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May 27, 2021

Seven ways to use high-frequency data

How near real-time data can help you navigate an uncertain environment
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In-house blogger
Guest blogger
Arnaud Lieugaut
Senior Product Specialist
All opinions expressed in this content are those of the contributor(s) and do not reflect the views of Macrobond Financial AB.
All written and electronic communication from Macrobond Financial AB is for information or marketing purposes and does not qualify as substantive research.

COVID-19 is changing the economy so quickly that we now need a different kind of data to understand it. Monthly indicators based on government surveys are no longer adequate for analysing the abrupt changes caused by the pandemic. Since the start of the pandemic, economists, investors, policymakers and academics have become increasingly reliant on high-frequency data, which measures economic activity in near real time.

In addition to our world leading economic data, Macrobond offers alternative data and high-frequency indicators from more than 350 releases across 130 regions.

Here are some of the ways you can use this data to analyse and visualise the state of the global economy.

1. US travel and tourism spending

A rise in the number of travellers passing TSA checks correlates with rise in tourism spending in the US.

2. Japan mobility and retail trade

Retail trade in Japan has broadly followed the movement of people – although it has remained relatively resilient this year even as footfall plummeted. Could this be attributed to the rise of e-commerce in the country?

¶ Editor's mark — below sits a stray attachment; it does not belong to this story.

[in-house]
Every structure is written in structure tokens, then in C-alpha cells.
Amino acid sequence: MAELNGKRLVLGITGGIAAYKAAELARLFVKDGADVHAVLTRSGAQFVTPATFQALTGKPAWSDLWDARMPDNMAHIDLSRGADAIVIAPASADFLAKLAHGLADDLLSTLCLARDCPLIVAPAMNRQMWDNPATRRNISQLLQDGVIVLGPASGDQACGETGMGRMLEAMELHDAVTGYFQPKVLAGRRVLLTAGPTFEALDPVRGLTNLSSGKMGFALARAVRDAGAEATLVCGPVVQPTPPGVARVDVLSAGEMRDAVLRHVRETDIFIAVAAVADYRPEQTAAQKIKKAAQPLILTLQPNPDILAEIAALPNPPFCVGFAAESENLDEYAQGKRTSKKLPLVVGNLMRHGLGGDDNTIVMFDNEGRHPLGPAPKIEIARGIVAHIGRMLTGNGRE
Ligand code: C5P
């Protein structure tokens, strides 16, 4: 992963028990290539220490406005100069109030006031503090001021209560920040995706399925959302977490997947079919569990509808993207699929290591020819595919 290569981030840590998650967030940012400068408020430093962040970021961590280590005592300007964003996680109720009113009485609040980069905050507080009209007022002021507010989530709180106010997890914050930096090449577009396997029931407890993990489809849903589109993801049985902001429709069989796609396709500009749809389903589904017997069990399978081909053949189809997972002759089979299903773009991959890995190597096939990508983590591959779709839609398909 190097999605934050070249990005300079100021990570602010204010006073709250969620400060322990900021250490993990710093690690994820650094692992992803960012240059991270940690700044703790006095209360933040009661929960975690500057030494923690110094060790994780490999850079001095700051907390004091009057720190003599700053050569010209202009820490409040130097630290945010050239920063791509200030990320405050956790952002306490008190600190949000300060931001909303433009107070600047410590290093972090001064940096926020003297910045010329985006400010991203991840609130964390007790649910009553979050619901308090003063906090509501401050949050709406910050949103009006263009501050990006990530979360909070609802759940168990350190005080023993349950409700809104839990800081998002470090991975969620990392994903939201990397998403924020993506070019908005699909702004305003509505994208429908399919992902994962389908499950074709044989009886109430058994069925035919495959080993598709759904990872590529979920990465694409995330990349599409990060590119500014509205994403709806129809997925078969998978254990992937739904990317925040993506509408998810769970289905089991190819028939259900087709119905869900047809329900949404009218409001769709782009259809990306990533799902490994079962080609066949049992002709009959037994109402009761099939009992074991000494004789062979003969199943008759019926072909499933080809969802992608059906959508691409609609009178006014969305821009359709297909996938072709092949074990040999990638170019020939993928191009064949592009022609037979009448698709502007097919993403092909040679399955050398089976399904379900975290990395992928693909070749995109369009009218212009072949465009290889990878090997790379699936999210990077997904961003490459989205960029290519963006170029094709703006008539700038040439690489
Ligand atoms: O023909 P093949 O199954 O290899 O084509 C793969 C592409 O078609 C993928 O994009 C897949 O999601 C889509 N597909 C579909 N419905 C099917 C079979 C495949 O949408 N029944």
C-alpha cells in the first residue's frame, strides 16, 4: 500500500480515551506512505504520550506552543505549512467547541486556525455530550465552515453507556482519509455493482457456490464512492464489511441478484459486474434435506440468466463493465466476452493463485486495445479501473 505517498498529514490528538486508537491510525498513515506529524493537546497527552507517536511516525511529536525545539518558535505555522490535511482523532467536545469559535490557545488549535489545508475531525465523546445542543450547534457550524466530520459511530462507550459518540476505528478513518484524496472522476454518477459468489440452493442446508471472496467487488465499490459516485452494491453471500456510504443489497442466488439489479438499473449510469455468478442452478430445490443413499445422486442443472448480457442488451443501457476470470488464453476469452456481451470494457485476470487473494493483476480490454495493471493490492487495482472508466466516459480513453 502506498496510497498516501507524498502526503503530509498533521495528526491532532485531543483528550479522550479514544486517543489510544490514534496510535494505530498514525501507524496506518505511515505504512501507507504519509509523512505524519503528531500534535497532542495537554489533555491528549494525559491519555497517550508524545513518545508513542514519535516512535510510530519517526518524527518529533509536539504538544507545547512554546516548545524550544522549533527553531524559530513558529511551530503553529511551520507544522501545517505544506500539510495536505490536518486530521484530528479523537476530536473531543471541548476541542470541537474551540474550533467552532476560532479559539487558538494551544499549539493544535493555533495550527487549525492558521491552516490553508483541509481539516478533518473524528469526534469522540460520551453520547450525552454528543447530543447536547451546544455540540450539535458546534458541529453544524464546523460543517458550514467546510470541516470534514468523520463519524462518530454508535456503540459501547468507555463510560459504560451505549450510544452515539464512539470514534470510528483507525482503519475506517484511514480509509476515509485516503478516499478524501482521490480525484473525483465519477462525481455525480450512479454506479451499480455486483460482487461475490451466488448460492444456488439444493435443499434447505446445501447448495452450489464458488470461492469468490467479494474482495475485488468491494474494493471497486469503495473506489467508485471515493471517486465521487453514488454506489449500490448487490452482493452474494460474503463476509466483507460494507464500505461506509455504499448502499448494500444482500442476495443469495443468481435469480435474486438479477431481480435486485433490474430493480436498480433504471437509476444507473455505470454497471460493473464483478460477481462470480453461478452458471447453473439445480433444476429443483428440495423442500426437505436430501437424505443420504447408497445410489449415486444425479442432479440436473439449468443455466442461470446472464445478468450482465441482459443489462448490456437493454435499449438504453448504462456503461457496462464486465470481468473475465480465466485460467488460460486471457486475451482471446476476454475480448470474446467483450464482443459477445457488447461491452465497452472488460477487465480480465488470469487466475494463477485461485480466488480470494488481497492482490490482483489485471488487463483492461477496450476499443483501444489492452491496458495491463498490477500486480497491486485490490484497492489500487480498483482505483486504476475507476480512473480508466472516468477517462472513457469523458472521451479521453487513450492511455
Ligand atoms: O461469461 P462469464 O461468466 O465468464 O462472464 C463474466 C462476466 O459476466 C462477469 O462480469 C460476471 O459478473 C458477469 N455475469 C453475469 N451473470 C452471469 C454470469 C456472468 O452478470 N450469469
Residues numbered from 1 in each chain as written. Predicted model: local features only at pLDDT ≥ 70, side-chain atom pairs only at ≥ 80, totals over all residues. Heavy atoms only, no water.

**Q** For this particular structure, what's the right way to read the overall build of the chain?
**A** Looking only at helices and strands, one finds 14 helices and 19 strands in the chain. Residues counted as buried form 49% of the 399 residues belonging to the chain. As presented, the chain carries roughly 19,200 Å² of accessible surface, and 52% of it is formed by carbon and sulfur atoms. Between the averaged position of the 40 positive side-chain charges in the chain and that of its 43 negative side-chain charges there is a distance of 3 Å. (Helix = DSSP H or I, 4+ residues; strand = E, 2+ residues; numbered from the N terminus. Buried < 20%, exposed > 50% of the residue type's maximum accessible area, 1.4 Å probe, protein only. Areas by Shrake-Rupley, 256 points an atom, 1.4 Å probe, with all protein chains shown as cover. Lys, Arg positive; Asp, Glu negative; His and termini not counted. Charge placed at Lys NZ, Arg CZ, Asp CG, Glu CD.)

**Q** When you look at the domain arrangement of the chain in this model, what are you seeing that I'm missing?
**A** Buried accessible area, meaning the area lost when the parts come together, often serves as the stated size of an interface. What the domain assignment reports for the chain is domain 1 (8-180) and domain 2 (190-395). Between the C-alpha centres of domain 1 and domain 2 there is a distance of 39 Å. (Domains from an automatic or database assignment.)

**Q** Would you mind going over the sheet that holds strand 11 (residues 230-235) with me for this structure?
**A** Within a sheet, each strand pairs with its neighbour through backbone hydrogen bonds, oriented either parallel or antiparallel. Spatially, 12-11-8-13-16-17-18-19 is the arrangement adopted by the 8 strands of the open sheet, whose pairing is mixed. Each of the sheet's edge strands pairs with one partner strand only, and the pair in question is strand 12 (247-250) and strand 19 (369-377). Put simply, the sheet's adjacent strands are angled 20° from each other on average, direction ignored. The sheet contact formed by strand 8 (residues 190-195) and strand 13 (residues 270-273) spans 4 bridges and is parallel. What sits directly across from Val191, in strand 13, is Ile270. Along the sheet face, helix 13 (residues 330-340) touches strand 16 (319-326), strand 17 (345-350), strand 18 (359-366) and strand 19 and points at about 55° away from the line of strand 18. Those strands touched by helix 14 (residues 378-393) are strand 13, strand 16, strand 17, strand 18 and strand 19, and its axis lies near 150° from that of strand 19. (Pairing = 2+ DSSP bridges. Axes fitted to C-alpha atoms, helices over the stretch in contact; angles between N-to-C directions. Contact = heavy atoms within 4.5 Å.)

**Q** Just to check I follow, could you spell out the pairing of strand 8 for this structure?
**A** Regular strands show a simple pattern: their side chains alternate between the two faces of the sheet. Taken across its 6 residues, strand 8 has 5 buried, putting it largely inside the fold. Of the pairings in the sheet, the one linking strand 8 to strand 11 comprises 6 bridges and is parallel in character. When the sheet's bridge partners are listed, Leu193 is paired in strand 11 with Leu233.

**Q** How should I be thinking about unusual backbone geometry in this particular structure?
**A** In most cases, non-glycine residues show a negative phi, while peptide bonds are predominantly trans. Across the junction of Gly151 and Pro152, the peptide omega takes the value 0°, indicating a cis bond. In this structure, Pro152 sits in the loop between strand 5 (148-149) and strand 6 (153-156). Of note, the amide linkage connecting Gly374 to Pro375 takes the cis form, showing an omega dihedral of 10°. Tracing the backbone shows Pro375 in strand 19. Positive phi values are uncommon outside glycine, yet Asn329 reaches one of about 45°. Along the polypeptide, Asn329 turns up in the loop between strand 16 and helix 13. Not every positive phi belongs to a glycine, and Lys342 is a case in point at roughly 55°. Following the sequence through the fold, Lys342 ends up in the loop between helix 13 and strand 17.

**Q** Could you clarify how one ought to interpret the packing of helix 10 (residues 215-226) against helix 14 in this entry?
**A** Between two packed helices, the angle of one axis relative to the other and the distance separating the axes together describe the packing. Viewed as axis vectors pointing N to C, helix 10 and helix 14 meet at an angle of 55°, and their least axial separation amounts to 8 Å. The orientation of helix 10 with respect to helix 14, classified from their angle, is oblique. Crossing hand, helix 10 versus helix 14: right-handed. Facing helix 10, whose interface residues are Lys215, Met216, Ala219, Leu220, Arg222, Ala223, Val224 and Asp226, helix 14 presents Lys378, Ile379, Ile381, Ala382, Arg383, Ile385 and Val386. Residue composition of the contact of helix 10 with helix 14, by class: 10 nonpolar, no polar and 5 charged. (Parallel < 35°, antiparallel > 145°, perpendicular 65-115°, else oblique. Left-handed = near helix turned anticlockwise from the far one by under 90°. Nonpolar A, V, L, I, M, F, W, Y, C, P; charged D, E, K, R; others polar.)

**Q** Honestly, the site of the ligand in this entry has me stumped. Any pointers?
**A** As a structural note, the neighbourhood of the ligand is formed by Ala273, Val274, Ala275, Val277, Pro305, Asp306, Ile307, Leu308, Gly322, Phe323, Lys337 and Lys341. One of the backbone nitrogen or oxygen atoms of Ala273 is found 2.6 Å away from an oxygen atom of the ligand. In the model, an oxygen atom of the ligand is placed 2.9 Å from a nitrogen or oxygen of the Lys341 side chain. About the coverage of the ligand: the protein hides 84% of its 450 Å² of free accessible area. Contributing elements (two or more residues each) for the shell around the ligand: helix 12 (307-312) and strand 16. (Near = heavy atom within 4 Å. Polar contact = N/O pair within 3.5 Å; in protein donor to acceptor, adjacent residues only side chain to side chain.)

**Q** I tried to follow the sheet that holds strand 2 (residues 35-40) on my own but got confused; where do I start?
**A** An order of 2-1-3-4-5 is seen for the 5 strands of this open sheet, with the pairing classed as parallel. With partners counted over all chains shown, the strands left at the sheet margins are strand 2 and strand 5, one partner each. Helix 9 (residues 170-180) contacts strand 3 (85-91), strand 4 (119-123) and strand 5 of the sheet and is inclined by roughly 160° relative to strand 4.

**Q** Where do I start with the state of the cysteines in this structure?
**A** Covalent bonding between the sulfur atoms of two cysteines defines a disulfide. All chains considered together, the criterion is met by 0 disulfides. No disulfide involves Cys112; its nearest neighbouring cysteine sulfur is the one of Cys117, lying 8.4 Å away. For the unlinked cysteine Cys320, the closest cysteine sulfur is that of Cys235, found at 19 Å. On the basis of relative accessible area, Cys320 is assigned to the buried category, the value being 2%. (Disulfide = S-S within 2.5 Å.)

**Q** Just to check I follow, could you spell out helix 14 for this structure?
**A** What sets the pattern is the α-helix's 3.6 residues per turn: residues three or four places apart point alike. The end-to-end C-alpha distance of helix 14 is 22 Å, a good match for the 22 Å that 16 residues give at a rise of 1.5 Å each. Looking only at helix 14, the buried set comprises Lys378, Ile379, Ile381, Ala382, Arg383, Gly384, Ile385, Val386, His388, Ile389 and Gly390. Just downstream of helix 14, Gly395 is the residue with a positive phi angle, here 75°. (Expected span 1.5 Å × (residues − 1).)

3. London pedestrian traffic and retail trade

The lifting of lockdown restrictions earlier this year prompted more people to go outside – which in turn led to a surge in sales of clothing and footwear.

4. Germany truck tolls and industrial production

Looking at an index that tracks the tolls collected from large trucks on German motorways, we can see that an increase in the number of trucks on the road correlates closely to a rebound in industrial production.  

5. US restaurant bookings and credit card transactions 

An increase in table bookings matches a rise in credit card transactions – signalling the start of economic recovery.

6. UK lockdown restrictions as strict as those in Europe

The Stringency Index is a composite measure of metrics: school closures; workplace closures; cancellation of public events; restrictions on public gatherings; closures of public transport; stay-at-home requirements; public information campaigns; restrictions on internal movements; and international travel controls.

Here, we can see that the UK government’s response to the coronavirus is in line with those of authorities in the rest of Europe.

7. Israel credit card transactions

Spending on airlines and travel agencies predictably plummeted amid Covid-19 travel restrictions.

Macrobond’s high-frequency datasets

The above charts show just a fraction of the datasets available via Macrobond. Others include:

  • Airport traffic
  • Air quality
  • Bankruptcies
  • COVID-19 vaccinations
  • Economic surprise indices
  • Electricity consumption
  • Food prices
  • Fuel prices
  • Hospital and ICU admissions
  • Nowcasts
  • Precipitation
  • Road traffic
  • Traffic congestion
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